Dallas hospital bans cigarettes

DALLAS -- West Valley Hospital and its parent facility in Salem last week joined a short list of hospitals across the state that are completely smoke free.

Employees, patients and visitors to the hospital are now prohibited from lighting up anywhere on either campus. That includes smoking in the parking lot, even inside a vehicle.

Hospital officials coordinated the ban to coincide with the Great American Smokeout, an American Cancer Society event designed to promote awareness about the health threat posed by smoking.

"There's a growing body of studies that substantiate that secondhand smoke is a risk," said Jon Pelky, cardiac service line director at Salem Hospital and the chair of the Clear the Air Committee, a group of officials that organized the ban.

"So when you think about a hospital, with infants, children, pregnant women ... it's important for us to take a leadership role in this area."

Almost 4,900 Oregonians died as a result of smoking in 1999 and about $870 million was spent on health care for smoking-related ailments, according to the Center for Disease Control.

Secondhand smoke, meanwhile, is responsible for 800 deaths in the state annually, the American Lung Association said.

Bill Crites is a respiratory therapist at West Valley and one of those who helped spearhead the smoking ban.

"We're just trying to promote a healthy lifestyle for the community we serve," he said. "And this is taking the first step."

As part of the initiative, both hospitals have posted signs and markers in hallways. Brochures and other forms detailing how to quit smoking are available at entrances.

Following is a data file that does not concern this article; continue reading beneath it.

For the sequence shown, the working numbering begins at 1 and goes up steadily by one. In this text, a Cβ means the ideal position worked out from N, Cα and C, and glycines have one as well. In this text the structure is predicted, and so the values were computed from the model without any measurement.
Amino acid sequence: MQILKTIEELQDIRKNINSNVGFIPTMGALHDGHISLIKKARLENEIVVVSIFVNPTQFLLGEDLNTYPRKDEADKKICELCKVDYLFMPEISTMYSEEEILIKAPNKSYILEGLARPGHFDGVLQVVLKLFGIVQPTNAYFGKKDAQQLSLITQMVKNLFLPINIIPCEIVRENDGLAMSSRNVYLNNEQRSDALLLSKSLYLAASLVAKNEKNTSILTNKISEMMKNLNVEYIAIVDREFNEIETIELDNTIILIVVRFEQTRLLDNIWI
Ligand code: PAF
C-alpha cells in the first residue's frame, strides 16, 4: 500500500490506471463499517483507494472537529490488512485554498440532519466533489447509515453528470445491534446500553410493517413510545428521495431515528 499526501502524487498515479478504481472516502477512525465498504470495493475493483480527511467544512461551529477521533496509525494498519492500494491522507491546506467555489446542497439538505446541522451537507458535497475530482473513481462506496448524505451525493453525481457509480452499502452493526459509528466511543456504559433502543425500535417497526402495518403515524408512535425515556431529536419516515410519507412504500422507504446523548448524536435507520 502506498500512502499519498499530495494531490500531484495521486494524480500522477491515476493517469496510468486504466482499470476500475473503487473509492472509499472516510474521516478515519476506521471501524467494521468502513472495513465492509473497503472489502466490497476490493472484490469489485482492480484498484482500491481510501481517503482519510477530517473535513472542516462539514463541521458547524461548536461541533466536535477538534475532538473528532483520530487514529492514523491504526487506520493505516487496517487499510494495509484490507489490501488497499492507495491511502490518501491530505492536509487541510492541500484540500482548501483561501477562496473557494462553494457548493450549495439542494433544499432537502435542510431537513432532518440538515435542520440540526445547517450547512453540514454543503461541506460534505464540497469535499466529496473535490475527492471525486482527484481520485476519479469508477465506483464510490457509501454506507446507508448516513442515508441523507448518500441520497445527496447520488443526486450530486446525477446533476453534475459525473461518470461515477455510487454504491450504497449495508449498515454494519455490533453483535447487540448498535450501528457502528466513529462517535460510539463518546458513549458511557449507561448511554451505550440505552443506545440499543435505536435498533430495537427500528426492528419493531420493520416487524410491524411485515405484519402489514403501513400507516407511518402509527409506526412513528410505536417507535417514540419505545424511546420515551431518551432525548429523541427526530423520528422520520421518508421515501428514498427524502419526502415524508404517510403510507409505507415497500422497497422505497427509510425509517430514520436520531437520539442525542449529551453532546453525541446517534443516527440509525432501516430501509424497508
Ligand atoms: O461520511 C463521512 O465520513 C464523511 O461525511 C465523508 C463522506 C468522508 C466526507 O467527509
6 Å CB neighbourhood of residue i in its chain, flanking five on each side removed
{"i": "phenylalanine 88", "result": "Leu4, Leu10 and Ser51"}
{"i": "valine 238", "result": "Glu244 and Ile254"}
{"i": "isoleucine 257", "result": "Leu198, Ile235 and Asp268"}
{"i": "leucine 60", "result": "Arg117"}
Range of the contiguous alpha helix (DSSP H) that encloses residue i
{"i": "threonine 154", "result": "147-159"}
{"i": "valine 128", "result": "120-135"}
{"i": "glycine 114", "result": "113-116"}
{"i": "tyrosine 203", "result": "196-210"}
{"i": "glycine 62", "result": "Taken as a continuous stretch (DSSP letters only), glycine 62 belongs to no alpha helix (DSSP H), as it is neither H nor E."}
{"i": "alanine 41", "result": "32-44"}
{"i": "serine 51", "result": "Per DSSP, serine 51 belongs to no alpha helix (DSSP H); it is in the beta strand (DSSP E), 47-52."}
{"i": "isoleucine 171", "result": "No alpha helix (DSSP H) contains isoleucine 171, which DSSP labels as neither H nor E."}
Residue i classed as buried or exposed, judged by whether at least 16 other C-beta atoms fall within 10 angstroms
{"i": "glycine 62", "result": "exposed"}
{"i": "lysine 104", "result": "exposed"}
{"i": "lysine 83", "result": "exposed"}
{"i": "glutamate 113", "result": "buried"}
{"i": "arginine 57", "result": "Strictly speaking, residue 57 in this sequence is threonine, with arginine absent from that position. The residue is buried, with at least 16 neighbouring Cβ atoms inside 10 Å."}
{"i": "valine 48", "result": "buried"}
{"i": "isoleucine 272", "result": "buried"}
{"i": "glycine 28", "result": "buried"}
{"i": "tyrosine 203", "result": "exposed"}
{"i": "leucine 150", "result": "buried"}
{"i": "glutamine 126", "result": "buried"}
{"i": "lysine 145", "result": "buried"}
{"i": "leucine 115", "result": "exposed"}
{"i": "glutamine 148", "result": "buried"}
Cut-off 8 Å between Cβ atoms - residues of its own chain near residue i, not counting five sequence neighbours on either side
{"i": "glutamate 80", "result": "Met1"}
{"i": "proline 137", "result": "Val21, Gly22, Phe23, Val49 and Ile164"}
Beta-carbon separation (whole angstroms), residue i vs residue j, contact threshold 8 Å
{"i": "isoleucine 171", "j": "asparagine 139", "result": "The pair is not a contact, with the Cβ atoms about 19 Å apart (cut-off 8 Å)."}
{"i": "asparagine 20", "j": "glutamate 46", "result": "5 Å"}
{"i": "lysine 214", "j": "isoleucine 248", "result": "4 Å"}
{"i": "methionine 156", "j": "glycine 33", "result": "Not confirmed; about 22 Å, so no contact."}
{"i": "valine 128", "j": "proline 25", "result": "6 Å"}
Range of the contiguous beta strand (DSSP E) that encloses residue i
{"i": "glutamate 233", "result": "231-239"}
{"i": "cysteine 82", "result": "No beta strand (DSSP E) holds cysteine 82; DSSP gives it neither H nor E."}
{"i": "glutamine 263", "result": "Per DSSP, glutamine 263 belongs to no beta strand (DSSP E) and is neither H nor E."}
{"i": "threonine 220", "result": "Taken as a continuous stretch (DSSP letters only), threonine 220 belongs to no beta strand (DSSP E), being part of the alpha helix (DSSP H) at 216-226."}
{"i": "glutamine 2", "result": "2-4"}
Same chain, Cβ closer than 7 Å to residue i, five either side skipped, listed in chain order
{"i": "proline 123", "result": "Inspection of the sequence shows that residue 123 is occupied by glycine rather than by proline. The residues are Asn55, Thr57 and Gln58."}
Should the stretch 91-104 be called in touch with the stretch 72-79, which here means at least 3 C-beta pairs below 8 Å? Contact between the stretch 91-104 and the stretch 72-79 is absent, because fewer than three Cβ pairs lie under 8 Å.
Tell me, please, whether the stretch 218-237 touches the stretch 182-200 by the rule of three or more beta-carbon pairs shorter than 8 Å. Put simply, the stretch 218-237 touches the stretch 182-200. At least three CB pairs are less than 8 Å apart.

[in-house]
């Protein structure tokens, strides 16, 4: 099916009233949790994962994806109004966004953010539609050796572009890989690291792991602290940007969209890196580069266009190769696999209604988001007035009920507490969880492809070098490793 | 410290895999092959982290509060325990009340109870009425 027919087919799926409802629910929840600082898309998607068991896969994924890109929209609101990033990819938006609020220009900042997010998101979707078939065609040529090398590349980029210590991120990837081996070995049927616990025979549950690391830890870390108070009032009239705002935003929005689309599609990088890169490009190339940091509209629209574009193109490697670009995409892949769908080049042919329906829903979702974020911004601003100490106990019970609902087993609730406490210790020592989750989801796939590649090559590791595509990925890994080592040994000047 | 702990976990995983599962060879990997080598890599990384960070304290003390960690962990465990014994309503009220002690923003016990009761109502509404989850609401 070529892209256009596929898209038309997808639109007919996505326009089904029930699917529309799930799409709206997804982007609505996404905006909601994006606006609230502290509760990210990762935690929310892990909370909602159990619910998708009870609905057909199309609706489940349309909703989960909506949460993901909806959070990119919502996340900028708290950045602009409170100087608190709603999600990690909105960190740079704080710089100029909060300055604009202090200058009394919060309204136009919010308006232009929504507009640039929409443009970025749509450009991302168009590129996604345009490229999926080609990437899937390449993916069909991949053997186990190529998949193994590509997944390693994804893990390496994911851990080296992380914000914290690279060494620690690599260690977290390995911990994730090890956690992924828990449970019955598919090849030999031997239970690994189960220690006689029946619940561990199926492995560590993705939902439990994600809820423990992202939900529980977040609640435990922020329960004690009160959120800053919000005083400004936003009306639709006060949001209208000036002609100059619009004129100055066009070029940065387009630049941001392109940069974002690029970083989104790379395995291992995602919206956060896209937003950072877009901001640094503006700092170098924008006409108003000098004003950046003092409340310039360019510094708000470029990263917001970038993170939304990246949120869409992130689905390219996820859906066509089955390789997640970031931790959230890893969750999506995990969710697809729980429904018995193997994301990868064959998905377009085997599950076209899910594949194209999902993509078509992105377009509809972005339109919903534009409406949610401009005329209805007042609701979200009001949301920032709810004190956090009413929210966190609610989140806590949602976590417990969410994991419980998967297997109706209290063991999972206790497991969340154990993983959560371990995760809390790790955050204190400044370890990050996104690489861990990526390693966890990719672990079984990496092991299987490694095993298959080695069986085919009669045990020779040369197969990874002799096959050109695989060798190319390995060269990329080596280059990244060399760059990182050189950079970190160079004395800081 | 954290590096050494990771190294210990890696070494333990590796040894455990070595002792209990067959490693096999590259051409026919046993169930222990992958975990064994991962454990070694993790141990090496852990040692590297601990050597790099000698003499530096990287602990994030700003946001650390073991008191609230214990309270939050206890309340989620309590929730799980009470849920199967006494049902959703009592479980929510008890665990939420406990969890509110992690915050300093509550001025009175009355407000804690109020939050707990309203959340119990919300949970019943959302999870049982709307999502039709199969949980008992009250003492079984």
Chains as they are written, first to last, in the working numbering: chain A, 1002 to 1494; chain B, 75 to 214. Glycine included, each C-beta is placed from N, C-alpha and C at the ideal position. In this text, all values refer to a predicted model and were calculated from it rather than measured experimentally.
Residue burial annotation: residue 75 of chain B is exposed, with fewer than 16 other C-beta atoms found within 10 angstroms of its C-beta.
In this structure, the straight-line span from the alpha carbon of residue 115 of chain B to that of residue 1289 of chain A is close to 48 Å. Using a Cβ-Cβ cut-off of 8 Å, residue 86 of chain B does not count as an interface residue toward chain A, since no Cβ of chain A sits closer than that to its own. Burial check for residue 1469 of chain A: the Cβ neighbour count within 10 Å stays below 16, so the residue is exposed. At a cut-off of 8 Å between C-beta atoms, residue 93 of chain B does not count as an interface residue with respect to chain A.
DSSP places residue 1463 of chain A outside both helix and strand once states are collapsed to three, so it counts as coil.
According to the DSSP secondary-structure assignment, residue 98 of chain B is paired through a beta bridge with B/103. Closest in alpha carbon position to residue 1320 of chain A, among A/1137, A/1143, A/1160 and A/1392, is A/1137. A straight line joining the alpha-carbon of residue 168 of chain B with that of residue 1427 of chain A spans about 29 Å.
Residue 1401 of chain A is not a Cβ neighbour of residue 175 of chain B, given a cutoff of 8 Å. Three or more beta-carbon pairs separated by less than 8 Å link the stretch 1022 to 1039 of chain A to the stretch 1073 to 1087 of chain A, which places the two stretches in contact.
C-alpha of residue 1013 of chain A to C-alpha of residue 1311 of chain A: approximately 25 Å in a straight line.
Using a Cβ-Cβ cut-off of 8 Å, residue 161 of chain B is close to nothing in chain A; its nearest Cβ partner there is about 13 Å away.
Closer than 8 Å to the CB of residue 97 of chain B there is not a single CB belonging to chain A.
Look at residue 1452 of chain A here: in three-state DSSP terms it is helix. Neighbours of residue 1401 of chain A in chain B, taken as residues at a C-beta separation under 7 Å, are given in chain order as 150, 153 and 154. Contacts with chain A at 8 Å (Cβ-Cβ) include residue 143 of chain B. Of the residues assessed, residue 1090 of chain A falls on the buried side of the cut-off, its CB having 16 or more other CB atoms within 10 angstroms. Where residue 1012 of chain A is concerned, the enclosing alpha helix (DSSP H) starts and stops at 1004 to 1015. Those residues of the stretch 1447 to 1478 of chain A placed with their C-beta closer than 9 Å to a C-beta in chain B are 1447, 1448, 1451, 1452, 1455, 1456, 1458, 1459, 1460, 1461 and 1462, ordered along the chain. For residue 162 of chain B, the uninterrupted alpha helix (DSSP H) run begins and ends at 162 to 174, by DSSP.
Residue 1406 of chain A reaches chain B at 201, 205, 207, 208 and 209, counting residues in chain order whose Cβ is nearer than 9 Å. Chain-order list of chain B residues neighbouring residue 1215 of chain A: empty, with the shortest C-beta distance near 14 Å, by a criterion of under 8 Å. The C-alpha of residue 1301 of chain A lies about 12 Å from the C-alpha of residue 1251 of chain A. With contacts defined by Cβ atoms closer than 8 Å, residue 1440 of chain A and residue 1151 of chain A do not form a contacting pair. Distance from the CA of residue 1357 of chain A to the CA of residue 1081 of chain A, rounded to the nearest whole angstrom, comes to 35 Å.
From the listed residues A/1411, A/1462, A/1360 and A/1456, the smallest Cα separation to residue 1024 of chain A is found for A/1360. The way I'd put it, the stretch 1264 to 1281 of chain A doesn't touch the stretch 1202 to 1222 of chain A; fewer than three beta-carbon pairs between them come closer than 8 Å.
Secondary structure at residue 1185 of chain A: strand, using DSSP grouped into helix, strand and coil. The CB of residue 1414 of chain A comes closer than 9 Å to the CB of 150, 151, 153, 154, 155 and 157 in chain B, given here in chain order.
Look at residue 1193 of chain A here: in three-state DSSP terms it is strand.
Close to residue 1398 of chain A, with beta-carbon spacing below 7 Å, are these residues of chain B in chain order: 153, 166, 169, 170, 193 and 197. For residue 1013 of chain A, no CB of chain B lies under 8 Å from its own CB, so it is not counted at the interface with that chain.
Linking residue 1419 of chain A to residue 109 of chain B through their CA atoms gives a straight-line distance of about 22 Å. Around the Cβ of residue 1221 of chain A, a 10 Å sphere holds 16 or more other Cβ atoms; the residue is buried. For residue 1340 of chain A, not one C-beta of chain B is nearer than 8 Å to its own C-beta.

Officials are also offering counseling and smoking cessation courses for $20.

Pelky said the planning for Salem Hospital's smoking ban, as well as the education process staff and patients has been a major undertaking for the past year.

For smoking clients or visitors, Salem Hospital's pharmacies are offering two pieces of nicotine gum or lozenges to help alleviate the craving.

The ban has been a less complex issue at West Valley, Crites said.

The local facility has only 100 employees, compared to 3,300 at Salem.

West Valley will not offer nicotine alternatives to its visitors or staff.

"Ours is a small campus, so they (smokers) will be encouraged to walk off campus -- which ends right at the sidewalk," he said.

If somebody is seen smoking, they will be approached by officials, told of the hospital's goal of maintaining a smoke-free environment and given a card that outlines how to kick their habit, Crites said.

"We're not going to be security guards," Crites said. "If we see them, we'll inform them of the policy ... we're not going to force them off the property.

Crites said he's aware that some will perceive the move as a violation of personal rights.

"Somebody has already asked us 'Why not obesity? Why not do something about the junk food in the vending machines?'" he said. "There are many issues that we can jump on, but right now we're just going one by one. We don't anticipate this will be that much of a problem."

Christy Northrop, a West Valley patient and a smoker, said the new regulation goes too far.

"I don't think you should be smoking in the main entrance," she said. "But they could make a place for people to smoke that's away from everyone.

"Some people come here (to wait) during emergencies ... they need to allow something for those that really need it."


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